The Company That Operated Kobe Bryant’s Helicopter Reportedly Had Multiple Run-Ins With The FAA Over Safety Concerns

Kobe Bryant Helicopter Company Had Issues With FAA Over Safety Report

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Island Express Helicopters, the helicopter company involved in the crash that killed NBA legend Kobe Bryant and eight others, was reportedly involved in several disputes with the Federal Aviation Administration (FAA) over its safety practices.

A new report by the New York Times reveals a Federal Aviation Administration operations inspector, Gary Lackey, who worked with Island Express off and on for 17 years, began issuing warning letters to the company, all filed with the National Transportation Safety Board (NTSB), in 2005. The company’s owner at the time, John Moore, fought against numerous safety recommendations, including recommendations to tighten safety procedures on refueling, operating rotors when passengers were boarding, as well as flying in bad weather and low visibility conditions.

The tensions first came to the attention of federal investigators in 2008, when a fatal accident involving an Island Express helicopter revealed disagreements that had been playing out for years behind the scenes. A Federal Aviation Administration operations inspector assigned to oversee the company, then under a previous owner, had been pushing for more stringent safety practices, according to federal records. The company’s president at the time pushed back, asking the F.A.A. to assign a different inspector.

The inspector, Gary Lackey, who agreed to step aside, said he was concerned that the company seemed unwilling to spend the money necessary to improve safety beyond what was minimally required.

“Everything that involves safety usually involves money also,” Mr. Lackey, who is now retired, said in an interview. “I think they were trying to cut corners.”

Kobe Bryant Helicopter Company Issues With FAA Over Safety Report

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Jeff Guzzetti, a former NTSB and FAA accident investigator, told the Times that “a personality clash between an operator and an inspector” isn’t uncommon.

After being replaced as the principal operations inspector for Island Express Helicopters in 2008, Lackey was re-assigned to the company again the years that followed.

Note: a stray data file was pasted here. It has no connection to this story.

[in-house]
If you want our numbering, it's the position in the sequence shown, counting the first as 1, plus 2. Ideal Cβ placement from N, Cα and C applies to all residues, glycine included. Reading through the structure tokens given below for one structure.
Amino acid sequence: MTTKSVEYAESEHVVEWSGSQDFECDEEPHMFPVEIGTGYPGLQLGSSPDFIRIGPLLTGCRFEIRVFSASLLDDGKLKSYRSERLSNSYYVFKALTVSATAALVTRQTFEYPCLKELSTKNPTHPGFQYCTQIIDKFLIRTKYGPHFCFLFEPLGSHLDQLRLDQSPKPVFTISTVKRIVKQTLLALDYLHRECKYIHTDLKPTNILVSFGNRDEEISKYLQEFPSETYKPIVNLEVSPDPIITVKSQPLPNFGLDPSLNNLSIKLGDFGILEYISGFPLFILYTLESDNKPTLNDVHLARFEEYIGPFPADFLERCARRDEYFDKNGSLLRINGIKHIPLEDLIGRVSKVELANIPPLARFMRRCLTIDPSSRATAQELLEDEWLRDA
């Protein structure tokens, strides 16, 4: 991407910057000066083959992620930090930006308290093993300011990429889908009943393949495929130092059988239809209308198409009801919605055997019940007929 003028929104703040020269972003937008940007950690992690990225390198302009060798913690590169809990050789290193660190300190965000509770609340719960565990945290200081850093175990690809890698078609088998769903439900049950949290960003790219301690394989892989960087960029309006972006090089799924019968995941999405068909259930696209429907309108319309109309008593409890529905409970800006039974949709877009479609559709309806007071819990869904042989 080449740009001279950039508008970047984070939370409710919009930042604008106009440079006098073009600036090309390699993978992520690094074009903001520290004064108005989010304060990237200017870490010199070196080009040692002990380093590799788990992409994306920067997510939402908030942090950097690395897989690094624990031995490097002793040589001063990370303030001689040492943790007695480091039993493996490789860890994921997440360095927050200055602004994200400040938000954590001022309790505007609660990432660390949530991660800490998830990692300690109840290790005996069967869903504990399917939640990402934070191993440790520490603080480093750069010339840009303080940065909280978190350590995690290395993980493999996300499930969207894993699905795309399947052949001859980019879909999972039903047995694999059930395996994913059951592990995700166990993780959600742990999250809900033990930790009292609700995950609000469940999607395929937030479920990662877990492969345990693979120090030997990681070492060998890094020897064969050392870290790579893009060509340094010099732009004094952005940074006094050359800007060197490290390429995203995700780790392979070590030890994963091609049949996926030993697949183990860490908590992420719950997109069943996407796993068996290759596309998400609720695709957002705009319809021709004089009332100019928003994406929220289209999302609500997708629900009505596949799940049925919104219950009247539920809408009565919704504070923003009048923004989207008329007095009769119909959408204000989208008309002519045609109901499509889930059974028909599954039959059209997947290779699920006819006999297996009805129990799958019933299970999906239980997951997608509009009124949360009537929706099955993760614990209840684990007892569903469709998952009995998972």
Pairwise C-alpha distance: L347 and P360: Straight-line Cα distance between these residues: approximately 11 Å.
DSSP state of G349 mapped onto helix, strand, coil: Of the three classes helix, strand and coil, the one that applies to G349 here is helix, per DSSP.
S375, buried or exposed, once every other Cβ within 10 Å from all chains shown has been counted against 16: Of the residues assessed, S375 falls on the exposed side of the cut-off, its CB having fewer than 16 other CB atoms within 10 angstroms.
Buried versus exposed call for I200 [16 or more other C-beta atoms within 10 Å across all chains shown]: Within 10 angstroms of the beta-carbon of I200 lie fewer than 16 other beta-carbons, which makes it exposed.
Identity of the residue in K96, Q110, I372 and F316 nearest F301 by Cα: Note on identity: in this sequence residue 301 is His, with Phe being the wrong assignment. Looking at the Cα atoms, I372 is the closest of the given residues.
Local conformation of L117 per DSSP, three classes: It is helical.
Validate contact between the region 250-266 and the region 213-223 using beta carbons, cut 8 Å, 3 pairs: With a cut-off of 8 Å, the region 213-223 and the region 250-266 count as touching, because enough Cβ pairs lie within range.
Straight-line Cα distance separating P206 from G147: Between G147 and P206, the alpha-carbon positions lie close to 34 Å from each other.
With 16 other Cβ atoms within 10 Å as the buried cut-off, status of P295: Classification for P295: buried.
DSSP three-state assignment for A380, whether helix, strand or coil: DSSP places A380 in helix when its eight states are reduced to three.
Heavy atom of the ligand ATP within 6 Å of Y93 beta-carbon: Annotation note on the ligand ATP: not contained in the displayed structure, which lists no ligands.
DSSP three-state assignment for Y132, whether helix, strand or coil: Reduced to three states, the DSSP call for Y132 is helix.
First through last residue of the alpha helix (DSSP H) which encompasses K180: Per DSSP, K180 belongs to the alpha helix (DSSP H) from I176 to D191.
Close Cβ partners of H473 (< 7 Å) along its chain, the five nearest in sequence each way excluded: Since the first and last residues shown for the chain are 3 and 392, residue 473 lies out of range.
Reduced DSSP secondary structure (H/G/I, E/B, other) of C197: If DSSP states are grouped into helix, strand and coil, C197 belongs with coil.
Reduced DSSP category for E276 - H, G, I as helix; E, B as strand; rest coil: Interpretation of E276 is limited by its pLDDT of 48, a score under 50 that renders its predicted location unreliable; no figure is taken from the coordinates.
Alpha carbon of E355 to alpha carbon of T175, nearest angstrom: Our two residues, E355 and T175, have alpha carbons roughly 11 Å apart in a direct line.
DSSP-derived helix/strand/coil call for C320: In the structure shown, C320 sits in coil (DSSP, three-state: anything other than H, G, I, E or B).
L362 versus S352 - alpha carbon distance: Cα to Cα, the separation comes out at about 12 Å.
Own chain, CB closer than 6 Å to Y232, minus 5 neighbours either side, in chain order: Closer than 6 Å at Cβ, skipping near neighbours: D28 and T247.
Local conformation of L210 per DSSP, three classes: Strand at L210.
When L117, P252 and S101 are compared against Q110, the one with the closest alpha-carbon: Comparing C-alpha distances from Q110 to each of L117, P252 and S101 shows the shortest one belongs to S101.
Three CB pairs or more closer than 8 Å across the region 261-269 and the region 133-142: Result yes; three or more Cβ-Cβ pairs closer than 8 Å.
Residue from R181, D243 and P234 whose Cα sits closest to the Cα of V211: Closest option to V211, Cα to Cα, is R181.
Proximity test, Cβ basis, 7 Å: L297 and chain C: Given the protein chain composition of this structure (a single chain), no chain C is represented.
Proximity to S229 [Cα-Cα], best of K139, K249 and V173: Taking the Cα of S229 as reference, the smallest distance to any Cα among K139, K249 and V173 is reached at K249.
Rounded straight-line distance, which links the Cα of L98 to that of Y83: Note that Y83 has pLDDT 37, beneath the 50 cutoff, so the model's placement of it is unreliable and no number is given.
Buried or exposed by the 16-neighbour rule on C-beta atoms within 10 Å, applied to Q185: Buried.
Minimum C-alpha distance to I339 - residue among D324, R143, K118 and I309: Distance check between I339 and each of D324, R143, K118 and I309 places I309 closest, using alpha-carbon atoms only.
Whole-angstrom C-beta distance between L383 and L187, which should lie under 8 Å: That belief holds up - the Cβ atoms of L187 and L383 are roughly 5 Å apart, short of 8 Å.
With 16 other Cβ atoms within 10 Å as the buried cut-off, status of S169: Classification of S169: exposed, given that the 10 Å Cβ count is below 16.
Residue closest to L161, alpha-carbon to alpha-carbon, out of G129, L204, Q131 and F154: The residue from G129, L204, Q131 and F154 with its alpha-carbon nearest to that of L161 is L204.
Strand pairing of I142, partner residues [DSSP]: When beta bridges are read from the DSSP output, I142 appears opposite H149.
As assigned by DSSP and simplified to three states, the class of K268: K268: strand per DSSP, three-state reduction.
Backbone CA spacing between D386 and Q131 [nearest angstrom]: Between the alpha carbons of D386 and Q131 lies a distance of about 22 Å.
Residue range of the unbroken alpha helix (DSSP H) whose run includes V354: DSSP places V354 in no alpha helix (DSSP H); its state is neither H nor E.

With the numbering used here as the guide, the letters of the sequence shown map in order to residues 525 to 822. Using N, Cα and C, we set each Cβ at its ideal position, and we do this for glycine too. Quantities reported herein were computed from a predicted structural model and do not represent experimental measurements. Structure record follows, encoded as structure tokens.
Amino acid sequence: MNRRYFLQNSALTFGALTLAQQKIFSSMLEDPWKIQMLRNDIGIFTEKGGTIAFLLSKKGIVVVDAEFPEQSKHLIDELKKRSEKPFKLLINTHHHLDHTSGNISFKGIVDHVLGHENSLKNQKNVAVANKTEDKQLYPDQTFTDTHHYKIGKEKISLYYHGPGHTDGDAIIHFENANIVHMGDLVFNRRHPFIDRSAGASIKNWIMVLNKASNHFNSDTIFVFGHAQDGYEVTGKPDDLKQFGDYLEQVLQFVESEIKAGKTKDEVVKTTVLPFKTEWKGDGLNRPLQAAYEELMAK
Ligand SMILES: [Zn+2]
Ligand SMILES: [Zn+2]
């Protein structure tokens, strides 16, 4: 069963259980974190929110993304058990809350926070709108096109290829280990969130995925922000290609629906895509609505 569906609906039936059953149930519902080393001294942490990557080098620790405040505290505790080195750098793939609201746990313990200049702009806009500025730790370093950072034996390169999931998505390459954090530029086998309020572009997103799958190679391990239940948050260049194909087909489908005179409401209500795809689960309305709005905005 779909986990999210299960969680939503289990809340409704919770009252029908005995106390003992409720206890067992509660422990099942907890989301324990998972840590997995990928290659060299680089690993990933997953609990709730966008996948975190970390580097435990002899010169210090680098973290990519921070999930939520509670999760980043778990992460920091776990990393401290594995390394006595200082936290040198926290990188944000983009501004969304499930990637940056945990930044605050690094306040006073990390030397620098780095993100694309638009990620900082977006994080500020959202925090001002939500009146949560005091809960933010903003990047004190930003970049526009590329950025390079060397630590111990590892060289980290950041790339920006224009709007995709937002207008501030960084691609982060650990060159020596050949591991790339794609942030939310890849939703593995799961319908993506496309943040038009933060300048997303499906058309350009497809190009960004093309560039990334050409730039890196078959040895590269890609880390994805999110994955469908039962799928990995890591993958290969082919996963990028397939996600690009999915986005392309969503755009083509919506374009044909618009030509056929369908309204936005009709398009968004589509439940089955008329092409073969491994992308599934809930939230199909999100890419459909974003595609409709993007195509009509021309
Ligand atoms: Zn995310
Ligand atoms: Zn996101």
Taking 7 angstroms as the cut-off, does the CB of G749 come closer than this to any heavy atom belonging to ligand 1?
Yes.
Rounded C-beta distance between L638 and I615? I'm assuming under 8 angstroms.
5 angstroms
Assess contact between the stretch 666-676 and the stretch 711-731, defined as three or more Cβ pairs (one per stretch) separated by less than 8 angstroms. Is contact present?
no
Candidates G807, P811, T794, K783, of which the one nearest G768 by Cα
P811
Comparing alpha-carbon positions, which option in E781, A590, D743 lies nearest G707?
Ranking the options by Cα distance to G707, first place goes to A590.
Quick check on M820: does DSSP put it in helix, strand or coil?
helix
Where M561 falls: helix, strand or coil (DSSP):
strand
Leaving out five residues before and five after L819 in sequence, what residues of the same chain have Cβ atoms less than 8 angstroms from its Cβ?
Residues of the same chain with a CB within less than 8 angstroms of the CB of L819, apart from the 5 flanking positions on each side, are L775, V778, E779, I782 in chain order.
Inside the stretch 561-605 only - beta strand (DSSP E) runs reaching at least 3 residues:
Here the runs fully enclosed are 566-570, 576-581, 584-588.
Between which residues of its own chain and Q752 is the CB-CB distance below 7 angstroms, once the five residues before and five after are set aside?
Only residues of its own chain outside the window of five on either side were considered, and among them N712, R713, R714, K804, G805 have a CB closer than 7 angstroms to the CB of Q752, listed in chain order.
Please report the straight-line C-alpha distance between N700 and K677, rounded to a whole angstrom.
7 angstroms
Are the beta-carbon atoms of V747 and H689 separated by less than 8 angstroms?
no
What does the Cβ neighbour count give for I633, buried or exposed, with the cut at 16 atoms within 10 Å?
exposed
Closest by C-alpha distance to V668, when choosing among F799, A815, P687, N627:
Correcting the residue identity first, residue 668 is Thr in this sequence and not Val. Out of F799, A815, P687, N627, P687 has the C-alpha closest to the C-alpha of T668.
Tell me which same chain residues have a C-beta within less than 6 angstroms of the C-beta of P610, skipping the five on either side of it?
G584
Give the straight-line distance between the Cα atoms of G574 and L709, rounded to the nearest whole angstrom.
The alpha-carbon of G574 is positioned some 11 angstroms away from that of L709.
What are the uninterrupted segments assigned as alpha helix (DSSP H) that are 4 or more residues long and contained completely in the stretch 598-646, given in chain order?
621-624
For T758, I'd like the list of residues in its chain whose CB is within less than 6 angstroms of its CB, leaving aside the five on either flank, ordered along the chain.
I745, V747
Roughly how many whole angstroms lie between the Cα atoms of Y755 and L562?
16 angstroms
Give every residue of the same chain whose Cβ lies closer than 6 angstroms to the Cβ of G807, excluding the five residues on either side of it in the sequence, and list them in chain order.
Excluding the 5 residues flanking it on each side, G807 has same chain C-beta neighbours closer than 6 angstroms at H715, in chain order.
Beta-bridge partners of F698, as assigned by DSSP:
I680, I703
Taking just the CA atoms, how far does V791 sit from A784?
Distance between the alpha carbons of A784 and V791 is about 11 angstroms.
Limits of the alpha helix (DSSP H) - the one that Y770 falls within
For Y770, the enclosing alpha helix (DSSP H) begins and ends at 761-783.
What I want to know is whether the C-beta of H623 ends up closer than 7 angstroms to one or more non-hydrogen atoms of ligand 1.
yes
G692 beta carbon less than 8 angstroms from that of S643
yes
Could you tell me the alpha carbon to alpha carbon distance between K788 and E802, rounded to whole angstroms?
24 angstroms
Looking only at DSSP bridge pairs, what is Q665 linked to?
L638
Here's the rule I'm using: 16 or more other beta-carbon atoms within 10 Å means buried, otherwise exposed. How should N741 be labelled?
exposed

The relationship improved, Mr. Lackey said, until new owners and managers took over at Island Express.

After that, Mr. Lackey said, some of the old conflicts began to re-emerge. Once again, the company argued for a different inspector, but this time, Mr. Lackey said, he did not recall a change taking place in response to the request.

In 2017, Kurt Deetz, a pilot and former safety manager at Island Express, resigned over “differences of opinion” about the company’s safety management system.

Asked for more specifics on why he resigned, Deetz would only say, “It all goes back to culture. There is window-dressing safety, and there is real, actual, get-your-hands-dirty safety culture.”

In the most recent incident, in 2018, two of the company’s Sikorsky S-76 helicopters were parked next to each other at Long Beach Airport for a photo shoot. When pilots started the engines, the drooping rotors straightened, and their blades began colliding. All six blades were damaged, an F.A.A. report says, “and Island Express Helicopters altered their parking plan to no longer park two S-76 aircraft next to each other.”

Mr. Guzzetti, the former federal accident investigator, said the 2018 incident was of more concern than it might initially appear. “This one is recent and it’s operational,” he said. “It’s an indicator of inadequate safety culture.”

The New York Times also revealed in a separate report that while the pilot who was flying Bryant’s helicopter at the time of the crash was qualified to fly using his instruments in low visibility situations, Island Express Helicopters did not have the needed certification.

The National Transportation Safety Board investigation into the crash that killed Kobe Bryant, his daughter, and seven others is ongoing.